If any of you lacks wisdom, let him ask God… But let him ask in faith, with no doubting…. James 1:5-6
Decisive “asking faith” cannot be the kind of “baby faith” that adores Christ in the crib but abhors Him as the King on the cross who insists we take up our own. It cannot be the “happy holiday faith” of Christmas and Easter that gives no thought to God’s norm of year-round holiness. Handel’s Hallelujah Chorus electrifies our feet for 3 minutes and 49 seconds but generates no “star power” to make us trek into the wilderness of the human heart unmapped for sacred pilgrimage. That is where our star from the east must first arise. “I am…the bright morning star,” testifies Jesus in Revelation 22:16.
J.B. Phillips, English pastor, author and Bible translator (1906-1982), wrote an engaging Christmas story titled The Visited Planet. A senior angel treats a junior one to a glorious intergalactic journey. At its climax, he makes the dazzled youngster focus on something resembling a “dull, dirty tennis ball.” In hushed tones the guide divulges his “dirty little secret”: Heaven’s glorious Prince has chosen precisely it for His holy habitation. Just as shockingly, this divine Visitor who lay incarnate in Bethlehem’s stable still tries for entry into every sin-marred heart. His “gentle and lowly” estate forbids the use of SWAT team methods. He simply stands at the door and knocks, offering God’s redeeming, joyful friendship to the Visited Heart. The latch is on the inside, but the reach of the opened door worldwide. “Ask of me, and I will make the nations your heritage” (Psalm 2:8). (Part 1 of 2)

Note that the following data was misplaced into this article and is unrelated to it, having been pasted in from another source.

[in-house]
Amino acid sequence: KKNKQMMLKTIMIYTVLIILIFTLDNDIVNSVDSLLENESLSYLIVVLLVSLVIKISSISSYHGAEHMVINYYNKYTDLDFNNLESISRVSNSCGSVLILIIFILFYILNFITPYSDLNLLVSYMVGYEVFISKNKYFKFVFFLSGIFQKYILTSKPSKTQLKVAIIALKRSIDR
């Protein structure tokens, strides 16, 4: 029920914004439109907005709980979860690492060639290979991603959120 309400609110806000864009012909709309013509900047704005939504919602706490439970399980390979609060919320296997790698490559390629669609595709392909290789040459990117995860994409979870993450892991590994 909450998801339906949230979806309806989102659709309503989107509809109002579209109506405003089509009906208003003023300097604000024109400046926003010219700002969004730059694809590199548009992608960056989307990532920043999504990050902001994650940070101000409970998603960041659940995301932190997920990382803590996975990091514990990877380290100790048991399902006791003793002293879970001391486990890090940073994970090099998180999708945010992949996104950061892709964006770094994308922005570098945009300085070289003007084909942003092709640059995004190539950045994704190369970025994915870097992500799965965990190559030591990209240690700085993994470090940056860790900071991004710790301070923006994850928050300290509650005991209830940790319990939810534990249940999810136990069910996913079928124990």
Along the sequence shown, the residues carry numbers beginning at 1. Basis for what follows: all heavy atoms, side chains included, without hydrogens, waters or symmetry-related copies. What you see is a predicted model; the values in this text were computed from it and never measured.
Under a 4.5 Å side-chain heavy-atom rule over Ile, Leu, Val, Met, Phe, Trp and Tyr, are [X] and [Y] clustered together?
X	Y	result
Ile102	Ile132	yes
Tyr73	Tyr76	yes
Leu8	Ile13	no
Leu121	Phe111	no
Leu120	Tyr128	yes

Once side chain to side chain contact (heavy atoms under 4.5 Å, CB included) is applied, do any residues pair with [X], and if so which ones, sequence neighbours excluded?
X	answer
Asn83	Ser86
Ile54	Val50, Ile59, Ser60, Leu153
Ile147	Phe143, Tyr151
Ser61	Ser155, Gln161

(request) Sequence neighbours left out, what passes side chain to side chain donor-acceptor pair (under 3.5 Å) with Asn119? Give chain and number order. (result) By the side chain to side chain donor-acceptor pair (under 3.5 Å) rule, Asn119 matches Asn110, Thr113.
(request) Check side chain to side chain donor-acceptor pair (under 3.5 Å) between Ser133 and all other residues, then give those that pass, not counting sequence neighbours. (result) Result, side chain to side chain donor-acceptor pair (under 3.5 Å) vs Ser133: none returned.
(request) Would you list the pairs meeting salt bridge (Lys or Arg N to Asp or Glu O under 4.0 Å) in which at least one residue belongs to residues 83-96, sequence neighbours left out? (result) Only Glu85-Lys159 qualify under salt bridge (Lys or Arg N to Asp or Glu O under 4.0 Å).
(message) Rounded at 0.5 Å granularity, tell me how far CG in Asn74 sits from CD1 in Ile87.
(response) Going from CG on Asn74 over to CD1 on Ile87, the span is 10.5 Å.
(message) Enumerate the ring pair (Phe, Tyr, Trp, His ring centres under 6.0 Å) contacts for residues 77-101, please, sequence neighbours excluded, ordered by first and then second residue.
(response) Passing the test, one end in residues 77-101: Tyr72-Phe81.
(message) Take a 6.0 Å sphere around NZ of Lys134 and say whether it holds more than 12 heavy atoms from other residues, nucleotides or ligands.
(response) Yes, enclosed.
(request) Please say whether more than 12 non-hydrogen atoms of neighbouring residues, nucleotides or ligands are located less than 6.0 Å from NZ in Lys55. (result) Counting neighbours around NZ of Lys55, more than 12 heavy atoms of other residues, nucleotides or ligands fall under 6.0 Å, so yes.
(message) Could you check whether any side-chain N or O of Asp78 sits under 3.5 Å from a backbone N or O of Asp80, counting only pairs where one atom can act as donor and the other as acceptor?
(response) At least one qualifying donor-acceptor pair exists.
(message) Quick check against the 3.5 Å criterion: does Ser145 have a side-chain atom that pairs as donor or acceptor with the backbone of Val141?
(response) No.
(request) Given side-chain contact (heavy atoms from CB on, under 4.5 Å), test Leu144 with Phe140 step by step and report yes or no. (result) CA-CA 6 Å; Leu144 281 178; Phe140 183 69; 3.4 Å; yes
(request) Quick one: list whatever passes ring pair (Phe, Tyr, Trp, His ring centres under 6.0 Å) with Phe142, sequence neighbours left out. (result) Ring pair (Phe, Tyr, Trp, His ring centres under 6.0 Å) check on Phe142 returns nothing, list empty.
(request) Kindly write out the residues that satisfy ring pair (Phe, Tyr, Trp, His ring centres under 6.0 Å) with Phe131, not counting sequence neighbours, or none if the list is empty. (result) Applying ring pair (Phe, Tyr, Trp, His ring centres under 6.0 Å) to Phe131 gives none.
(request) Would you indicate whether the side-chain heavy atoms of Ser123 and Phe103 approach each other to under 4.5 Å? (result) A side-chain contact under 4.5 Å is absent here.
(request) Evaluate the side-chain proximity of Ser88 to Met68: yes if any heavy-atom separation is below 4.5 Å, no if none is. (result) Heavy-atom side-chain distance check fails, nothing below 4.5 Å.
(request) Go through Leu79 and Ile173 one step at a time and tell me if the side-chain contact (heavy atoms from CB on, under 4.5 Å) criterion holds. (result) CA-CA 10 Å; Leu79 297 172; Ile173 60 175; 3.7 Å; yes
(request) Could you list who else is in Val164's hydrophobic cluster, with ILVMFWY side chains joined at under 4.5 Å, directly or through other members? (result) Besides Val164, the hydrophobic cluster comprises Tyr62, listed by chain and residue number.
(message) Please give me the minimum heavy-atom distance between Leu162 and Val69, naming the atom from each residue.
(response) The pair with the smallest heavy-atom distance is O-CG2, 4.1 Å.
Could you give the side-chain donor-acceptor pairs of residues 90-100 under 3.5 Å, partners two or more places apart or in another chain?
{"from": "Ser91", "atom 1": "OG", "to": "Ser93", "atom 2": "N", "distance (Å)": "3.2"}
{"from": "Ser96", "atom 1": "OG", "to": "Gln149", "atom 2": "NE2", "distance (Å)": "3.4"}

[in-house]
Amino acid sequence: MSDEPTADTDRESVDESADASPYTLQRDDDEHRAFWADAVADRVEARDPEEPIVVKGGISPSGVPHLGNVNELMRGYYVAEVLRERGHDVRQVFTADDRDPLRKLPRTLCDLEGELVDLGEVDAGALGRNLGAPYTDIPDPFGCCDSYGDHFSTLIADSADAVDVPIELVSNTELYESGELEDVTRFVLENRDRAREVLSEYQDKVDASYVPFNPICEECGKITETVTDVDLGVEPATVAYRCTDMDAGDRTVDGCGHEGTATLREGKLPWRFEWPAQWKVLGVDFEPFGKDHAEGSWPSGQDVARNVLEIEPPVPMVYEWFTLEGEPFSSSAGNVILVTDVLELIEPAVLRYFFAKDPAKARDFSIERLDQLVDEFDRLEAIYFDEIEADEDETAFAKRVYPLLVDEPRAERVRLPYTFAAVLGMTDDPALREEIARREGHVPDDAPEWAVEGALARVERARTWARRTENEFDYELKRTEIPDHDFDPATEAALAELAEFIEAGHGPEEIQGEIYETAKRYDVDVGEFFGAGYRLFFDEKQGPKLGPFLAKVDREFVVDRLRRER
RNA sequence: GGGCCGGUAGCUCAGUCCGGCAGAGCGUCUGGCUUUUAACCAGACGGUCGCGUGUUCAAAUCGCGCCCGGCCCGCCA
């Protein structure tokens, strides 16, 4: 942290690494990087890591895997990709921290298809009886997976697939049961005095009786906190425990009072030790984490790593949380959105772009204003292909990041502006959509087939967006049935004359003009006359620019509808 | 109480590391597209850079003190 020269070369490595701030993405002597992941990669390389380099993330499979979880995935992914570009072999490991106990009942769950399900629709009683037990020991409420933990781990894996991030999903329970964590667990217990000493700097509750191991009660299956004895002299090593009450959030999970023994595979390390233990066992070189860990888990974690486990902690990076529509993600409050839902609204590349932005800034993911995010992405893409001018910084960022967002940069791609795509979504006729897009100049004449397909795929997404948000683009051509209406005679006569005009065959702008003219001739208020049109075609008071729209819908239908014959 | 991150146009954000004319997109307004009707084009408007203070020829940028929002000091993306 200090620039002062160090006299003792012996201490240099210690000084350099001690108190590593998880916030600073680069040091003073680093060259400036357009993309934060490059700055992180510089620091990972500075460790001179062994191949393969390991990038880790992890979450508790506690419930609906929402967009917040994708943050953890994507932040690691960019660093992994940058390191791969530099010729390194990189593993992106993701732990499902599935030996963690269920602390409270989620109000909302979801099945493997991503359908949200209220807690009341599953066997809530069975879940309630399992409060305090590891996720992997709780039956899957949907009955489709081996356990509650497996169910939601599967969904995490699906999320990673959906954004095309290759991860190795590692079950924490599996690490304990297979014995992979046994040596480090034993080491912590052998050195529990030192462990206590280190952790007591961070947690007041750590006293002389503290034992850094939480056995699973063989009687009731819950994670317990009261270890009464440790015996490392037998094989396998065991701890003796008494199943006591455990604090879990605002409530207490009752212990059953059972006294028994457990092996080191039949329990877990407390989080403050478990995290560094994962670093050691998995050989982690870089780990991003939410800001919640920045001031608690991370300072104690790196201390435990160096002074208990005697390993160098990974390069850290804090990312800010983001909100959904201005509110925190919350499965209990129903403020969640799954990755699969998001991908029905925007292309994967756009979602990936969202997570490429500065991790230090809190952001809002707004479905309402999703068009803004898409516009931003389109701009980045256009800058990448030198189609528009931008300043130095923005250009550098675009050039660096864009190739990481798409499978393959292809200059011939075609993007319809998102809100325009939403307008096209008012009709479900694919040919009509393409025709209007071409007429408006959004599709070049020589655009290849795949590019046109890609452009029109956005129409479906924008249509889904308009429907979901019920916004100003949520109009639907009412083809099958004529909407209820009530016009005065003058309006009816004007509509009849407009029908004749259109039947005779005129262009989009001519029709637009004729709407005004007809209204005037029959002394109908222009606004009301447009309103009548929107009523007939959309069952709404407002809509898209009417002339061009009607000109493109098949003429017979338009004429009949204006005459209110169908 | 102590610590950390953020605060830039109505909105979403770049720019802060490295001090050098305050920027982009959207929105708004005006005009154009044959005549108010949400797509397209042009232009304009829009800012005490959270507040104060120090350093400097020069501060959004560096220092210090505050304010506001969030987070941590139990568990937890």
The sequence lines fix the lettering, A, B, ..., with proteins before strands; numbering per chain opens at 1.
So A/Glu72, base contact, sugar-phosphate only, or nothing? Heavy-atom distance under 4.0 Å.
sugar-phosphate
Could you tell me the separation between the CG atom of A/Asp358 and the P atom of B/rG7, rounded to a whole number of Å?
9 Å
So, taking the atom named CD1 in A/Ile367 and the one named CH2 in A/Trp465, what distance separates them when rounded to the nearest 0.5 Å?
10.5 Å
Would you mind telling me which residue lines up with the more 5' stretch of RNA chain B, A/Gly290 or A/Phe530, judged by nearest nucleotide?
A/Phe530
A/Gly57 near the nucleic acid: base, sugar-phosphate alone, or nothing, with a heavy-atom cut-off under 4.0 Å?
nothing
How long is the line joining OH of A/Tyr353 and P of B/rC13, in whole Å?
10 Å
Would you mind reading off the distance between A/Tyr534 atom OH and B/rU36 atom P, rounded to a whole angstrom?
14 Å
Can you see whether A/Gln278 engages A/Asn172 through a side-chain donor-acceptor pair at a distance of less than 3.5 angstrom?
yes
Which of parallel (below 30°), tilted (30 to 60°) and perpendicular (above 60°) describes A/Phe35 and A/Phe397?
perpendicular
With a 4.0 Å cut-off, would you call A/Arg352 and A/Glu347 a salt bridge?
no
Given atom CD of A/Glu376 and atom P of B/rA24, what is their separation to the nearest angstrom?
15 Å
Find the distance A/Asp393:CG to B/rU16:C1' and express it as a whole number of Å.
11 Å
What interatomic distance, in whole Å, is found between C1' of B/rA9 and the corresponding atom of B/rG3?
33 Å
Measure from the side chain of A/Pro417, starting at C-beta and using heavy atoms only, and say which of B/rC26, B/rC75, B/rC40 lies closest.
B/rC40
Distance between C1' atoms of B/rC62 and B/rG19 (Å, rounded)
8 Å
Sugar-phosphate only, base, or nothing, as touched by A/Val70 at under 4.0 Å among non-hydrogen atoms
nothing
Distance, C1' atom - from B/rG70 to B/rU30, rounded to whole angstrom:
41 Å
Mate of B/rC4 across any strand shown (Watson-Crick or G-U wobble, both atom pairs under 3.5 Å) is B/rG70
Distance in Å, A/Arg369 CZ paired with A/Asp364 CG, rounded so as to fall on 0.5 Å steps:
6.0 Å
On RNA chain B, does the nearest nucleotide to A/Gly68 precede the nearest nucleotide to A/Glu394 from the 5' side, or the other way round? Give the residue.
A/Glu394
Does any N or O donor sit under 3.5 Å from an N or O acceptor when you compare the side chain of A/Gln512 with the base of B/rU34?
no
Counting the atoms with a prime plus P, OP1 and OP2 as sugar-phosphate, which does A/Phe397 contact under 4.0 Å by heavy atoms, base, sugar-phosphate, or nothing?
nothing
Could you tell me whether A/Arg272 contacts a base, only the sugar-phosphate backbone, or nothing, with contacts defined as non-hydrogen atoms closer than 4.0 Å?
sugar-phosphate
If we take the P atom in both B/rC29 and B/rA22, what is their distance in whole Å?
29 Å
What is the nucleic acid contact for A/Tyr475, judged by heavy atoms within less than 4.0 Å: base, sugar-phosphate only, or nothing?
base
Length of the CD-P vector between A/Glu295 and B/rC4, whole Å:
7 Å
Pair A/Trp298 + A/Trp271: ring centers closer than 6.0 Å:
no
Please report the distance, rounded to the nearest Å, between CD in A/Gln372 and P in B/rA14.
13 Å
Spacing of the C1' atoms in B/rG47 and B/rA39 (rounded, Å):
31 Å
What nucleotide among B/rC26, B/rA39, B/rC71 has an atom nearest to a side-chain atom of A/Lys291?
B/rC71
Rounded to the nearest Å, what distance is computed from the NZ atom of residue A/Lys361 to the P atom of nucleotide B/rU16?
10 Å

Comment: The “star power” compelling the wise men from the East to undertake their arduous trek in search of a newborn king, was rooted in their desire to worship him. Kirk and Spock of Star Trek fame didn’t reek of camel and their spaceship didn’t veer off into a cartoon. It shows the three unhappy star gazers of Christmas lore arriving at a Carl’s Jr. and despising the Happy Star that has led them astray.
Star Trek episodes had sequels, while Matthew’s nativity story (2:1-12) has a prequel in the Book of Numbers. Israel was poised for entry into the Promised Land, and Moab was the jumping-off place. The unreceptive king ordered his prophet Balaam to curse God’s chosen people. Instead, try as he might, he kept blessing Israel. Then came the climax – the ultimate royal headache for his furious boss – when Balaam prophesied, “I see him, but not now; I behold him, but not near. A star will come out of Jacob; a scepter will rise out of Israel. He will crush the foreheads of Moab…” (Numbers 24:17). Who should just now come to mind but the Moabitess Ruth? She went to live with her MIL Naomi in Bethlehem after famously declaring, “…where you go, I will go, and where you stay, I will stay. Your people will be my people, and your God, my God” (Ruth 1:16). There she married her “kinsman redeemer” Boaz, had a son Obed, and wound up in Matthew’s genealogy as an ancestor of Christ (1:5). God certainly authors no dull scripts!